Tuesday, January 25, 2011

The Royal Flying Doctors Museum - Alice Springs

The Royal Flying Doctor Service of Australia (RFDS, informally known as The Flying Doctor) is an emergency and primary health care service for those living in rural, remote and regional areas of Australia. It is a not-for-profit organisation which provides health care to people who are unable to access a hospital or general practice due to the vast distances of the Outback.

The service began in 1928, originally as an experiment known as the Aerial Medical Service (AMS) which was to run for a single year. This experiment was based in Cloncurry, Queensland. It was formed by Reverend John Flynn, the first Superintendent of the Australian Inland Mission (AIM), a branch of the Presbyterian Church of Australia.


Its gone on to become a vital part, and a cultural icon, of Outback Australia. Rev. John Flynn is the face that adorns the Australian $20 note.

The Royal Flying Doctors Service is one of the greatest of Aussie inventions - the Museum in Alice Springs does a great job at explaining its history, its progress and where it is headed for the future.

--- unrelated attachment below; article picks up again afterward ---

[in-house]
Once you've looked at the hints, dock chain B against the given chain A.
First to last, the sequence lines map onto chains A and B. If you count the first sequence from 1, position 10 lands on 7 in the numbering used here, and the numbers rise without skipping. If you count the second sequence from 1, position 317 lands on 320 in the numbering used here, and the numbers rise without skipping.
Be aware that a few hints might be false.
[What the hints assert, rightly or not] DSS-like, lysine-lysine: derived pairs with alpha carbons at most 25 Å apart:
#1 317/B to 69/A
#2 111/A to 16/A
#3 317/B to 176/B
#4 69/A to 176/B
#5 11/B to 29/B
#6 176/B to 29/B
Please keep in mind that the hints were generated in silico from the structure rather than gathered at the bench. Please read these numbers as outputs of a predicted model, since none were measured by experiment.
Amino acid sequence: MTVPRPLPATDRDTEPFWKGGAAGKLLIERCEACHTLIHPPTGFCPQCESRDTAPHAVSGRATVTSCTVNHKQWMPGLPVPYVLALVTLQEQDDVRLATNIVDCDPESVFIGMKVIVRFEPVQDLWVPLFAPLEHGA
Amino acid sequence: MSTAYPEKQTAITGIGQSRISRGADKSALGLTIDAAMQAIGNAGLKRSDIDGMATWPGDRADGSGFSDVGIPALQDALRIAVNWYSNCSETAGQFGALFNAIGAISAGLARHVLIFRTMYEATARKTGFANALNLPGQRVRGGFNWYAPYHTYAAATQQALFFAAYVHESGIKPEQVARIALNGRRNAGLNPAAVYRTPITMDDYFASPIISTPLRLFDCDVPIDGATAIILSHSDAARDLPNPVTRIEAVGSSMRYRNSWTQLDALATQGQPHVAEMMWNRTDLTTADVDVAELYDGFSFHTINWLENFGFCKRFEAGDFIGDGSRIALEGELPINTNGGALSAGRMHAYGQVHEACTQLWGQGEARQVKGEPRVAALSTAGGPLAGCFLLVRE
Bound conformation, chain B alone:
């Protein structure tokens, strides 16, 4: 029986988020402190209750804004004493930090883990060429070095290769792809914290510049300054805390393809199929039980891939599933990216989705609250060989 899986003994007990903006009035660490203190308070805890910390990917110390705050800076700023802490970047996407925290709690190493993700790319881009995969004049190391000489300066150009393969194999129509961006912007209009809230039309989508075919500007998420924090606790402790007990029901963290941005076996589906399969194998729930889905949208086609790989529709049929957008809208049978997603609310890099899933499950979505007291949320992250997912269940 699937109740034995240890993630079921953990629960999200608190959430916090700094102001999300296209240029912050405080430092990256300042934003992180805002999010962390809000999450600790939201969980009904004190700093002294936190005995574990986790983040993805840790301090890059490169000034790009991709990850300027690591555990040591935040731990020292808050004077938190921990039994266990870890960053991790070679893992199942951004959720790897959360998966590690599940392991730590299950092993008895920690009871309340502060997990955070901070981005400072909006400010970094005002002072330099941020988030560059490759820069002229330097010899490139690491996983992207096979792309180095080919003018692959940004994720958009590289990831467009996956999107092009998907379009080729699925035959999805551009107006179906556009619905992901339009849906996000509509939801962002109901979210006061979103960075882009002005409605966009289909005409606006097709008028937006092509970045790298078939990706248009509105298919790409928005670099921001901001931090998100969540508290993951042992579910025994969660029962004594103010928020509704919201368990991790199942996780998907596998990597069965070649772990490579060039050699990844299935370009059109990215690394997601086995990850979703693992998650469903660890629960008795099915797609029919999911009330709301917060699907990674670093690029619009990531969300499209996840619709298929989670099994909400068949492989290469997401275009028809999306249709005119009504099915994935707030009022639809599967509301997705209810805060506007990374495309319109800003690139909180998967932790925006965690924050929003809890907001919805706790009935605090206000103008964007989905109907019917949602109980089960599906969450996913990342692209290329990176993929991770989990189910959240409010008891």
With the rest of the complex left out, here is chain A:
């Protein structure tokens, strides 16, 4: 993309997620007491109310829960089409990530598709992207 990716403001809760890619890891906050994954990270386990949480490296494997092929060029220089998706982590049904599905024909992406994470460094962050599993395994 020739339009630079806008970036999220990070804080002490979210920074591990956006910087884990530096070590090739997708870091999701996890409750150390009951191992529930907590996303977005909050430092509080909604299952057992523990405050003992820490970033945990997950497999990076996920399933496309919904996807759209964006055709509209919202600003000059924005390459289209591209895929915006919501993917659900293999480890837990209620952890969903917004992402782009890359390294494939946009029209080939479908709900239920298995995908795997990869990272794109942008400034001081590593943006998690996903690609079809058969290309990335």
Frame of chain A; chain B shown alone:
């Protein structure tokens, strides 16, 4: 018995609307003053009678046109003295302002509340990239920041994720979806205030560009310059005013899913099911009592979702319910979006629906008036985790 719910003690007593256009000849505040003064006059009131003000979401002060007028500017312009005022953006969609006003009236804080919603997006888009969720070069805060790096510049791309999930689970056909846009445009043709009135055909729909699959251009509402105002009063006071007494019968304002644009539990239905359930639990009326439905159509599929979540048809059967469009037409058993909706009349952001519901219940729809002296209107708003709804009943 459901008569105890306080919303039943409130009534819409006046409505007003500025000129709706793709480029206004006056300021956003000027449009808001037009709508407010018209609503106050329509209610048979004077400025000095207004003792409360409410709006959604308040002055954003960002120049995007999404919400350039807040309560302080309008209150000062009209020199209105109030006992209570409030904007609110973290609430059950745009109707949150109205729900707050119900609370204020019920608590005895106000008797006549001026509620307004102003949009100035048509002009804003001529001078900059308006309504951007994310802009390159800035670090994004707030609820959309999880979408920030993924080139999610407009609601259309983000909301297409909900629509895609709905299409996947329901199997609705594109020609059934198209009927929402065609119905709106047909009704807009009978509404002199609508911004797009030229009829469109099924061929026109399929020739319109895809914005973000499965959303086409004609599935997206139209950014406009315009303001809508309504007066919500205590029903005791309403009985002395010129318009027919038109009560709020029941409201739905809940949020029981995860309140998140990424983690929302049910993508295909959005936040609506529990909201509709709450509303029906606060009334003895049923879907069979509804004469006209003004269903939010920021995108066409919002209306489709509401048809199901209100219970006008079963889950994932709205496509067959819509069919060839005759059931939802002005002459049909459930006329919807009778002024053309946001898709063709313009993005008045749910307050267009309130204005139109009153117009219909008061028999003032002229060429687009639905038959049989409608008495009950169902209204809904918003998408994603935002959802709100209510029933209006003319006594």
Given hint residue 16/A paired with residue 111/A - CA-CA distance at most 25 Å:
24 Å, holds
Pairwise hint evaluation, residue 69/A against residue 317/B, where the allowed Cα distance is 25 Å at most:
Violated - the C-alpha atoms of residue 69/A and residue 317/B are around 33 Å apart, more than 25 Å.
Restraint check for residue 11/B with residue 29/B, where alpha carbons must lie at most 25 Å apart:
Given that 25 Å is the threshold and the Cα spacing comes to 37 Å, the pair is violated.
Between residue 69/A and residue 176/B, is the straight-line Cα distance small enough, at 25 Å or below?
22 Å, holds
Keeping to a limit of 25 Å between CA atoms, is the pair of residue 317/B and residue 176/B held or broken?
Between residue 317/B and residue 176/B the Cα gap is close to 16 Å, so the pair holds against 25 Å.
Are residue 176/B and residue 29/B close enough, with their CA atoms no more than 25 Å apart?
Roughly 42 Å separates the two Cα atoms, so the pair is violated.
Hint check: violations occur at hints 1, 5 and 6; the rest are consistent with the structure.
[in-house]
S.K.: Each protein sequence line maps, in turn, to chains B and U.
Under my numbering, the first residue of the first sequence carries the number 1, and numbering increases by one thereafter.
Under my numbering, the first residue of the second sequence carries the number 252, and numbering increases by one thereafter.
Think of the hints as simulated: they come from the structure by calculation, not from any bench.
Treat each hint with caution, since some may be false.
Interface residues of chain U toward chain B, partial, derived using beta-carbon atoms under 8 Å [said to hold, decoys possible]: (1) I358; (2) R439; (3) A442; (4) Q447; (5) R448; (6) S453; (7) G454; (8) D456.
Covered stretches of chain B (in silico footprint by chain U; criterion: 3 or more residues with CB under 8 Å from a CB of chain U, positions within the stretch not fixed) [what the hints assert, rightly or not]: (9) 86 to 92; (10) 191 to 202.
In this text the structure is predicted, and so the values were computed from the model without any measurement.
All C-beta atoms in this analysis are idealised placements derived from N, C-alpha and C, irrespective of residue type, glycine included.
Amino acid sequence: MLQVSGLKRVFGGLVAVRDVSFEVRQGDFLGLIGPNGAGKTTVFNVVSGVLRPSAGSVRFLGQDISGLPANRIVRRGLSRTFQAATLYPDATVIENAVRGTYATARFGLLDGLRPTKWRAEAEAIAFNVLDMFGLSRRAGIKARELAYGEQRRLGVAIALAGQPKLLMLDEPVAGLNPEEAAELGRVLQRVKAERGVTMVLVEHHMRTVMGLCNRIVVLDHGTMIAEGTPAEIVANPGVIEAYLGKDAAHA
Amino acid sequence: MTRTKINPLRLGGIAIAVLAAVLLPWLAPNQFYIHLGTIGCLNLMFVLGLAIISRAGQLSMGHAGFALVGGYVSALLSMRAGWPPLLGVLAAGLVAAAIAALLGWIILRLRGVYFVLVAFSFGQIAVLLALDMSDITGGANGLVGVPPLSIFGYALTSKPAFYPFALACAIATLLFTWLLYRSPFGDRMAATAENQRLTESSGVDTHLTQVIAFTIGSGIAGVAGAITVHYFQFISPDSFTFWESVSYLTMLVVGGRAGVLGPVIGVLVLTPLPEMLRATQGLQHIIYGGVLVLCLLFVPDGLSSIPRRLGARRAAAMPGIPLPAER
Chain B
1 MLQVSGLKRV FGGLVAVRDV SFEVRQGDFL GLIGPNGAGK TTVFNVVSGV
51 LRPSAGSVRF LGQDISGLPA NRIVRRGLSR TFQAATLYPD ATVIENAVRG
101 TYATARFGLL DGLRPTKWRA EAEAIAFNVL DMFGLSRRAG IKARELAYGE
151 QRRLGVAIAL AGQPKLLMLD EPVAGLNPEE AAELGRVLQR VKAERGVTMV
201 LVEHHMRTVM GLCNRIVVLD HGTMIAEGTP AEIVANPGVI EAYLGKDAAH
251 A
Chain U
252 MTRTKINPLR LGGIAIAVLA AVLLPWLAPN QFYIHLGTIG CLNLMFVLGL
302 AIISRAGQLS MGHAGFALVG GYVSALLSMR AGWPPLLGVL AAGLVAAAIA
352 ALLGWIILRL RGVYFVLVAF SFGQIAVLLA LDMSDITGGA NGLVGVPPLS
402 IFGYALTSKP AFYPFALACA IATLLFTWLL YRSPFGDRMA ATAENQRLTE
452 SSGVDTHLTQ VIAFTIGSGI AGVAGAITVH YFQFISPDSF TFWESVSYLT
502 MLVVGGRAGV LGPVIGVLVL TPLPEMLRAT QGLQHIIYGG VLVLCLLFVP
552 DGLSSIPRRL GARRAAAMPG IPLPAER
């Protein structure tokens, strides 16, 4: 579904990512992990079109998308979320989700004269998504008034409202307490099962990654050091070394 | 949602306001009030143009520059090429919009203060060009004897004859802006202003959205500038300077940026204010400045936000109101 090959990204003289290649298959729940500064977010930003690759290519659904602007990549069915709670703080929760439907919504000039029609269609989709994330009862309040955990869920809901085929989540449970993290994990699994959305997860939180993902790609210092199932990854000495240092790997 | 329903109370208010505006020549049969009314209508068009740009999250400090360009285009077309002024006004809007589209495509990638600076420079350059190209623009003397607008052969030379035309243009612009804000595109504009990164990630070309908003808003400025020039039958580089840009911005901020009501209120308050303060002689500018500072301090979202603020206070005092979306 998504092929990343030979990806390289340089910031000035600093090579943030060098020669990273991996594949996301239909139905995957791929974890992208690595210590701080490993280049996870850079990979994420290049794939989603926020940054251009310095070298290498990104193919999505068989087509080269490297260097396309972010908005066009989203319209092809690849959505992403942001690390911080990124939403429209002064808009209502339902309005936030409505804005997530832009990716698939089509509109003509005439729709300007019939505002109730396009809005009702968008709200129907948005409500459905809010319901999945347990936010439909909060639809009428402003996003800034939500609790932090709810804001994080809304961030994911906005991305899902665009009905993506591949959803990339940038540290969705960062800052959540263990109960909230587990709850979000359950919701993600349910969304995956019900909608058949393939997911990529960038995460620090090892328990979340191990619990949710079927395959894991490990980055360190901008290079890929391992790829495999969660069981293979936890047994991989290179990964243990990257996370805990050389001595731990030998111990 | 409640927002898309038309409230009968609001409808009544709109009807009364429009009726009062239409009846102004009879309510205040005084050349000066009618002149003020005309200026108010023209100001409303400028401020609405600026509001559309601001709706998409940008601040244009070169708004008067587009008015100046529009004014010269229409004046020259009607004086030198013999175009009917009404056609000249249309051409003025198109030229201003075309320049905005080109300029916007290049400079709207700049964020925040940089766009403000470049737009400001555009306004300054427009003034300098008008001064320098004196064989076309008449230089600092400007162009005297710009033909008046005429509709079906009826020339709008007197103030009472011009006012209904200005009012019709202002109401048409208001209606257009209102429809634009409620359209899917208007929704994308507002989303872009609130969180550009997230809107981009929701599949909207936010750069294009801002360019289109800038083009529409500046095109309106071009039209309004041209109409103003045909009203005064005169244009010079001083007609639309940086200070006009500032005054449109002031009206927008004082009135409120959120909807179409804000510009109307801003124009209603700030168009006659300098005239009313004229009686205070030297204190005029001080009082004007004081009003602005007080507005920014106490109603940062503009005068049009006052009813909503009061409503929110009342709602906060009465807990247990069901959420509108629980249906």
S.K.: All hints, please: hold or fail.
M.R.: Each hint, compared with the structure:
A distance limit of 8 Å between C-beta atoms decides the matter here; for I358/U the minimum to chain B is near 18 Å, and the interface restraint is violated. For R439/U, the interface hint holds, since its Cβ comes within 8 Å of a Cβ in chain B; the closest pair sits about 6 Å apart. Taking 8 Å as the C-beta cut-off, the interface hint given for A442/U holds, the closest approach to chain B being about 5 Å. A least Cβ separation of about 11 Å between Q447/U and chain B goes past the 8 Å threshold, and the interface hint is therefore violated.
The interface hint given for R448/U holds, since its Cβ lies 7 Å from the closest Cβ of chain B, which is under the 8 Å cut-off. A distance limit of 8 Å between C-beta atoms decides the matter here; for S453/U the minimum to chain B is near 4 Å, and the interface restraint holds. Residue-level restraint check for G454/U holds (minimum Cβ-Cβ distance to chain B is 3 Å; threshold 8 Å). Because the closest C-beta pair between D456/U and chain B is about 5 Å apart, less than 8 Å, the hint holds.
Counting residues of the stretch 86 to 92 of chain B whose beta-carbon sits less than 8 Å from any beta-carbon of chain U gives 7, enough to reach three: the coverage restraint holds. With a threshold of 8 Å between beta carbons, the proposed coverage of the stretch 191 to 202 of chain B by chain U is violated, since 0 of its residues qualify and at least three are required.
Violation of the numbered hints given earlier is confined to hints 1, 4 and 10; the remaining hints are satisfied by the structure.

There isnt much to see in Alice Springs, but if anyone travels through, this Museum is a must!

The photo below shows that the Northern Territory's arm of the RFDS covers an area the size of England.

The old Radio Room, prior to the operations being moved down to Port Augusta down in Adelaide. Now, all emergencies are radioed to Port Augusta and the RFDS is dispatched from there. But this shows how the operations room was set up back when the Alice Springs centre was in operation.

The type of planes used these days.

The original planes used to transport nurses and doctors out to the Outback areas.

A "mock up" of how the planes are fitted out.

An example of the old 1940's medicine kits.

Each Outback station has a medicine chest. Much of the time, medical help can be received over the telephone, with a doctor directing those in the Outback to the medicine chest. This picture is an example of the old chests used back in the 1960s.

This chart has been used for half a decade and is still used today. Those who are attending to the injured use this chart to assist the medical assistant on the phone in identifying the kind of injury that the person may be suffering.

This book was dispensed out to Outback Stations, along with the above chart, and a medicine chest.

A closer look at the radio control room's old equipment, dating back to the 1950's.

The old radio control room.

Before telephones were invented, morse code was used to communicate.

Fine words from a fine man.


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